Eye in the Sky
(UK, 102 min.)
Dir. Gavin Hood, Writ. Guy Hibbert
Starring: Helen Mirren, Alan Rickman, Barkhad Abdi, Aaron Paul
Director Gavin Hood (Tsotsi, Rendition) deliver a taut and provocative political thriller with Eye in the Sky. This riveting chamber drama deftly conveys the labyrinthine mess of politics and egos that tangle together in contemporary warfare. Drones remove humans from the equation as combat becomes depersonalised. Add the element of humanity, though, and war becomes a moral grey zone, as the military personnel of the film discover when a potential strike puts a young girl as collateral damage.
Helen Mirren gives an excellent and sharply focused performance as Colonel Katherine Powell, a veteran who is cool and pragmatic in the control room, but conflicted by a war that asks her to see the enemy through the safety of monitors from afar. Ditto Alan Rickman, in his final live action performance, as a general whose knowledge from the battlefield makes him an even-handed player in this murky warfare. For all its weighty, thought-provoking talkiness, though Eye in the Sky often draws out the dark humour of the bureaucratic nightmare of computerised warfare and the difficulty in making judgement calls removed from the action. Eye in the Sky weaves threads from around the globe into an intense morality play that asks the audience to weigh the cost of war and freedom as new technology gives the military unfettered access to enemies and innocents alike.
Eye in the Sky is now playing in theatres.
Hello, My Name is Doris
(USA, 95 min.)
Dir. Michael Showalter, Writ. Laura Terruso, Michael Showalter
Starring: Sally Field, Max Greenfield, Tyne Daly, Wendi McLendon-Covey, Beth Behrs, Stephen Root, Elizabeth Reaser, Caroline Aaron
Long live the eccentric cat lady! Sally Field gives her best performance in years with her hilarious and heartbreaking turn as the endearing oddball Doris in Hello, My Name is Doris. She brings a convoluted story to life as her sixty-something recluse brazenly throws herself at John (Max Greenfield), the hot young new guy at the office. John never catches on that Doris hits on him about five times a day, although she’s a little rusty, and Hello, My Name is Doris often strains credibility as the mature woman develops a friendship with her younger colleague. He thinks Doris is the coolest cat in town, but is blind to the fact that she’s in love with him.
It’s hard not to fall in love with Sally Field’s character, though, as her eccentric character decides to embrace life for the first time in sixty years. Field is charmingly offbeat and ferociously funny as she creates a sad and lonely woman, burdened with regrets and baggage, who demands the audience’s sympathy. It’s a terrific portrait of mental illness and isolation that could have been disastrous in lesser hands, especially given the film’s eclectic air, but as Field’s Doris swells with confidence and sass, Doris is impossible to resist.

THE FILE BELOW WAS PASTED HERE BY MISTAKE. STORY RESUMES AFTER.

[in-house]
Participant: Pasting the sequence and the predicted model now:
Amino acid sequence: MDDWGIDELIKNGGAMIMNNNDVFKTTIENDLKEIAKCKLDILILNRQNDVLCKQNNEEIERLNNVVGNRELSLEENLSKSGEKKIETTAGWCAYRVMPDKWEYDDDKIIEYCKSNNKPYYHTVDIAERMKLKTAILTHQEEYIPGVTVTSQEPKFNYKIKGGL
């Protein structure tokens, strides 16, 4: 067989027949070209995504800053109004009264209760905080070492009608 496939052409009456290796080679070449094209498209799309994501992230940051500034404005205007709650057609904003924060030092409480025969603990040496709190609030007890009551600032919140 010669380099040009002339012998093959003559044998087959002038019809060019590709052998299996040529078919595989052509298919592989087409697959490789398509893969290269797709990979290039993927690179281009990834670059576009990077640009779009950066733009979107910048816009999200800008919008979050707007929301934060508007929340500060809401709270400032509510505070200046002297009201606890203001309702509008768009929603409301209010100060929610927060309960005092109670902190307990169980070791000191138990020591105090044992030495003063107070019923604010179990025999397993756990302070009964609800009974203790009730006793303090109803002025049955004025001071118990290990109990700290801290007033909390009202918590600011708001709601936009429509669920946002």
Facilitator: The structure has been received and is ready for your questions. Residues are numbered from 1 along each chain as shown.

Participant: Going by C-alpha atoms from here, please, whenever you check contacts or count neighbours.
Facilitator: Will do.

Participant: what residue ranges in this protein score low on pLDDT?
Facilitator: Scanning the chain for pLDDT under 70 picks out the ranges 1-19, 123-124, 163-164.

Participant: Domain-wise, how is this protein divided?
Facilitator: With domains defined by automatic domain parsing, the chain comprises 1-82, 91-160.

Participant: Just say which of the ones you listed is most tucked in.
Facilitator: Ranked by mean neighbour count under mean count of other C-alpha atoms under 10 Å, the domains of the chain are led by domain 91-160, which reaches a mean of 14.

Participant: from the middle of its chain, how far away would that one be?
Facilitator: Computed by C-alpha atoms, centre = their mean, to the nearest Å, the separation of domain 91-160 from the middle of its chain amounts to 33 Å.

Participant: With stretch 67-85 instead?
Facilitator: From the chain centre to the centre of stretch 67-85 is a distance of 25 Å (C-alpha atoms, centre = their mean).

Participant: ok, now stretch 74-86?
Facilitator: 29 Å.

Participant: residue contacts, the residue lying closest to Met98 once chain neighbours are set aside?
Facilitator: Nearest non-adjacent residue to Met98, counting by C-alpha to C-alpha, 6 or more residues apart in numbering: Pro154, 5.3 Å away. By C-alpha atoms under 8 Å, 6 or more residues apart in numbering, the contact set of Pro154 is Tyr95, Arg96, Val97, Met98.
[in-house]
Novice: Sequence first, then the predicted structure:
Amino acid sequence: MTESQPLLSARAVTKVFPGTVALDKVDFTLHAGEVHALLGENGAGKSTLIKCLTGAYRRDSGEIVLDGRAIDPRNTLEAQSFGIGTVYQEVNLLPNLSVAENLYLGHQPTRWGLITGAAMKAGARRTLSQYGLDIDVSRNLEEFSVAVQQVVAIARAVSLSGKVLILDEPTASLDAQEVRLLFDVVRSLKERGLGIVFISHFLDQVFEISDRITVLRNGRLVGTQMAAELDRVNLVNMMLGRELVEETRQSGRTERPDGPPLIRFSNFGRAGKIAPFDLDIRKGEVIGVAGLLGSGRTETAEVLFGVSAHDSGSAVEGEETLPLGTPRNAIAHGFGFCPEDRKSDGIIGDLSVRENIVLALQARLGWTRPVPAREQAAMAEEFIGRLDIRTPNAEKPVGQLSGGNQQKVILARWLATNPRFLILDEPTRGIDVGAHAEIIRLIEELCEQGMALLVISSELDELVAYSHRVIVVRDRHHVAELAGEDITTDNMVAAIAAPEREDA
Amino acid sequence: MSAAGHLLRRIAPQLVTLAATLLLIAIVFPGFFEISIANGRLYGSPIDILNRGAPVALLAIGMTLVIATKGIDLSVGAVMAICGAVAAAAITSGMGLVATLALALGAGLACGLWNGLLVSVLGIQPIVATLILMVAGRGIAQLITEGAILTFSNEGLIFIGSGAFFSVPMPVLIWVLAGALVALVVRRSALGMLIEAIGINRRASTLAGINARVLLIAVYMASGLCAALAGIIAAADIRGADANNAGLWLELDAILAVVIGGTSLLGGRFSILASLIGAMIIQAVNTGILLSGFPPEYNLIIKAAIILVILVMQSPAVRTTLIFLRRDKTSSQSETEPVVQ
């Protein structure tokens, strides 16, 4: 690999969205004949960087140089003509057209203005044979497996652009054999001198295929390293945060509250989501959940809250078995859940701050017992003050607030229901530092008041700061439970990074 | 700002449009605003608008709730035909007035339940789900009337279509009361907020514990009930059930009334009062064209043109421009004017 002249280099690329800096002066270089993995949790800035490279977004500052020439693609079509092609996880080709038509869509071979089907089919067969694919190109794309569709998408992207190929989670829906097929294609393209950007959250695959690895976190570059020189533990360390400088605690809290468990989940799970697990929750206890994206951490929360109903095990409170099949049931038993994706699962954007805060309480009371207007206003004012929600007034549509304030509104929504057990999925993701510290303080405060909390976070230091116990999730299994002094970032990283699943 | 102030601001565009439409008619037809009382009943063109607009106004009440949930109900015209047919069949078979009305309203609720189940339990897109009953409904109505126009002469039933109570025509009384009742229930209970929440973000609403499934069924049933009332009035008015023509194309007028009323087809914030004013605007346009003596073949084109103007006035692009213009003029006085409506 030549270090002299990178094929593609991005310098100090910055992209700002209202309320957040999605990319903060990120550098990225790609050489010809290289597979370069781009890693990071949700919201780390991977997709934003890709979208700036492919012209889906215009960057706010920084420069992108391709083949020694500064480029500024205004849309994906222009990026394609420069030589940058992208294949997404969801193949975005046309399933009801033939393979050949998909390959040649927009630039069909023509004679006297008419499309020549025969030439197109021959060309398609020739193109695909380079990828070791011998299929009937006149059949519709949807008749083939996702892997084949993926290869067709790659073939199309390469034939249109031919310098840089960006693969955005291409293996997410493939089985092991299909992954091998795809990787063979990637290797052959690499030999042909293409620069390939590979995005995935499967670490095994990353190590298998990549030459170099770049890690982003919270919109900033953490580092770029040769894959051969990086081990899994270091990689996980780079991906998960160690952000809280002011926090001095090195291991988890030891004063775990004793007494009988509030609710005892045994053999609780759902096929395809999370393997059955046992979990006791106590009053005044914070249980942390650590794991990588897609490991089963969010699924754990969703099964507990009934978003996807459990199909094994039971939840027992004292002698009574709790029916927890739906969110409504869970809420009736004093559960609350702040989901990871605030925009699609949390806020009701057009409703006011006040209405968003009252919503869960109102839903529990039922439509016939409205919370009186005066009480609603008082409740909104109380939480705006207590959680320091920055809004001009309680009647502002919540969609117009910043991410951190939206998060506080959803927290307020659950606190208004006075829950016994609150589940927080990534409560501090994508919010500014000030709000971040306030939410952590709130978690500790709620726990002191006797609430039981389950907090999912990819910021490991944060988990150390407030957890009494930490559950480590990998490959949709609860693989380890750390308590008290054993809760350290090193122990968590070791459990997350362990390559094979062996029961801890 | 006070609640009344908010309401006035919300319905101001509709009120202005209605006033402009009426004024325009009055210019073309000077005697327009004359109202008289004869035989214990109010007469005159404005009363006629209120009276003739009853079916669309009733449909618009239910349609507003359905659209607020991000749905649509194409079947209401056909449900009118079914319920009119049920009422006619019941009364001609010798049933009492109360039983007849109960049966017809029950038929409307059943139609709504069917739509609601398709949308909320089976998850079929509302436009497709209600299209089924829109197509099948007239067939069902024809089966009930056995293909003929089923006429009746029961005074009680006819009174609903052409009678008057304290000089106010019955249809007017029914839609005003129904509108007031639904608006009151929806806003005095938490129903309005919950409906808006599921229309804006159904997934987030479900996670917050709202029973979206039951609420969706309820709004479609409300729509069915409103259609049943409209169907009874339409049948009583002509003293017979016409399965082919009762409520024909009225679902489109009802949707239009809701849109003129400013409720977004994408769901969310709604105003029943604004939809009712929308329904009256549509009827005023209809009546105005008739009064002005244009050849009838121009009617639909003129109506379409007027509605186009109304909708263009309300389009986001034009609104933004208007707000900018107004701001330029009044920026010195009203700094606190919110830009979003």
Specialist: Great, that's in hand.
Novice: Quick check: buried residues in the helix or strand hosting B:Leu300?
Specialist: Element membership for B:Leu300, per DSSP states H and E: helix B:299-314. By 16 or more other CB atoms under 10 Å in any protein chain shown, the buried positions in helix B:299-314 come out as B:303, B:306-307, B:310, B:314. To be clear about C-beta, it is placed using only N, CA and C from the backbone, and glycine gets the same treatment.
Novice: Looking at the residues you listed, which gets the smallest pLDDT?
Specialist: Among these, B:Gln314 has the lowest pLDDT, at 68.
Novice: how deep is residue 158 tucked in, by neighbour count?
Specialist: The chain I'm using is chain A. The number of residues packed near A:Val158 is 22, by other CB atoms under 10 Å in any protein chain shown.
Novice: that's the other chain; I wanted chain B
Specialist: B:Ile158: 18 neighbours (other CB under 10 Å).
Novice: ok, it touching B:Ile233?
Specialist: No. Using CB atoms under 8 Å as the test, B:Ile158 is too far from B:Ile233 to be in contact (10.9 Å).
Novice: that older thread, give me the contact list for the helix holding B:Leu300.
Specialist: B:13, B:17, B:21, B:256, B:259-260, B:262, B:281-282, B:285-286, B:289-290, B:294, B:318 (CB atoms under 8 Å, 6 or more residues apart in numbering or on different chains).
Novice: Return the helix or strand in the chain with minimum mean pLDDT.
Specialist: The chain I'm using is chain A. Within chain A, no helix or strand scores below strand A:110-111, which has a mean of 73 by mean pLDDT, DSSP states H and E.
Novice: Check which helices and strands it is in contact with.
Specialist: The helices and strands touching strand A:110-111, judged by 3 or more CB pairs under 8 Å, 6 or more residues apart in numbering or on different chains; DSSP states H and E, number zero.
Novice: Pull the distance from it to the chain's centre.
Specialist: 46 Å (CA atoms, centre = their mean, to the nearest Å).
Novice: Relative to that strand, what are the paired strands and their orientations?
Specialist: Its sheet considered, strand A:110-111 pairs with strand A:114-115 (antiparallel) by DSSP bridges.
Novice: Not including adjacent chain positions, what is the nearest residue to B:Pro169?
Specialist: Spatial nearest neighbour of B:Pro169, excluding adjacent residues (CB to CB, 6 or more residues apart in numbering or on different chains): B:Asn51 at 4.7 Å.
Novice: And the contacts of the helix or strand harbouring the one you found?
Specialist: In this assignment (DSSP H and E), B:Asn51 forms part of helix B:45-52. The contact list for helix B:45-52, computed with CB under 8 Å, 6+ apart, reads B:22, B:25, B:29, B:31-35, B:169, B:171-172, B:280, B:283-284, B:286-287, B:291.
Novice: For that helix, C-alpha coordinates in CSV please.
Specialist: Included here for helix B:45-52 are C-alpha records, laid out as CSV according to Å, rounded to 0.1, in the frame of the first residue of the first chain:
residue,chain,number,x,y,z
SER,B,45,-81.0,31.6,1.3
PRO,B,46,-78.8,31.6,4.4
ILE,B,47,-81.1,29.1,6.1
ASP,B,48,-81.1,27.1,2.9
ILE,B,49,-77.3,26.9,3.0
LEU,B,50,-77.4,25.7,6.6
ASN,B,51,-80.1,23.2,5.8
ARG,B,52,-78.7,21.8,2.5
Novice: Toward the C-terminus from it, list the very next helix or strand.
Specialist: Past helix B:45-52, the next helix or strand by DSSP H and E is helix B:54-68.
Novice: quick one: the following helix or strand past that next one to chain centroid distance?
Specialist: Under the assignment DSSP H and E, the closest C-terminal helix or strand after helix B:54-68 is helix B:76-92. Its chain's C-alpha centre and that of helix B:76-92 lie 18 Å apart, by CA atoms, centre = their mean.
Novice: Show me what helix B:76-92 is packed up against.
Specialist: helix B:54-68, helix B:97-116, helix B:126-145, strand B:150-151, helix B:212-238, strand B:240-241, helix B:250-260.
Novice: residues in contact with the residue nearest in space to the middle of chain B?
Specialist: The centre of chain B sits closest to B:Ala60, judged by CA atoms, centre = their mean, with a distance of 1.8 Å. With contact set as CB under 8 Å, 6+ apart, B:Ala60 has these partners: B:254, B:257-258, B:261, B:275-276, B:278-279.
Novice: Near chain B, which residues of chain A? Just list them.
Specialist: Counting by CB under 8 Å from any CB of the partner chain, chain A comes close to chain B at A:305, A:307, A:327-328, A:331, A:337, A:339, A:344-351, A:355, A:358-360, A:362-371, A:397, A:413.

Hello, My Name is Doris is now playing in select theatres and is now available on iTunes.
The Jungle Book
(USA/UK, 106 min.)
Dir. Jon Favreau, Writ. Justin Marks
Starring: Neel Sethi, Bill Murray, Idris Elba, Lupita Nyong’o, Ben Kingsley, Scarlett Johansson
However, the film also stars a human. Newcomer Neel Sethi assumes the lone live action role of The Jungle Book in his leading turn as man-cub Mowgli, and he’s just awful. He’s awkward and never convincing. Ironically, for the only real skin and bones element of The Jungle Book, he’s the most lifeless thing about it. It frankly seems unfair to task an inexperienced child with carrying such a massive project. Most of Sethi’s work on set probably asked him to act out scenes with green balls on sticks, or to react to Favreau’s direction, and it shows in the timing, emotion, and intensity (or lack thereof) in his work.
Sethi’s poor performance draws out the sluggishness of The Jungle Book’s road movie-like plotting and the wild inconsistencies in tone that plague the film. Two of the original song numbers from the animated film appear here (like “I Wan’na Be Like You”) and throw the film totally out of whack while many of the vocal performances by the major stars are either bizarrely flat (ex: Lupita Nyong’o) or distracting with their star power (ex: Scarlett Johansson), although Bill Murray is a hoot as Baloo. For all the magic of the visual and technical accomplishments of The Jungle Book, the film shows that hybrid affairs of live action and CGI are rarely seamless. Every element needs to jive or it all feels uneven, as is the case here. Tell the story with animated wonder, though, and the proper suspension of disbelief lets it all fall into place.
The Jungle Book is now playing in wide release.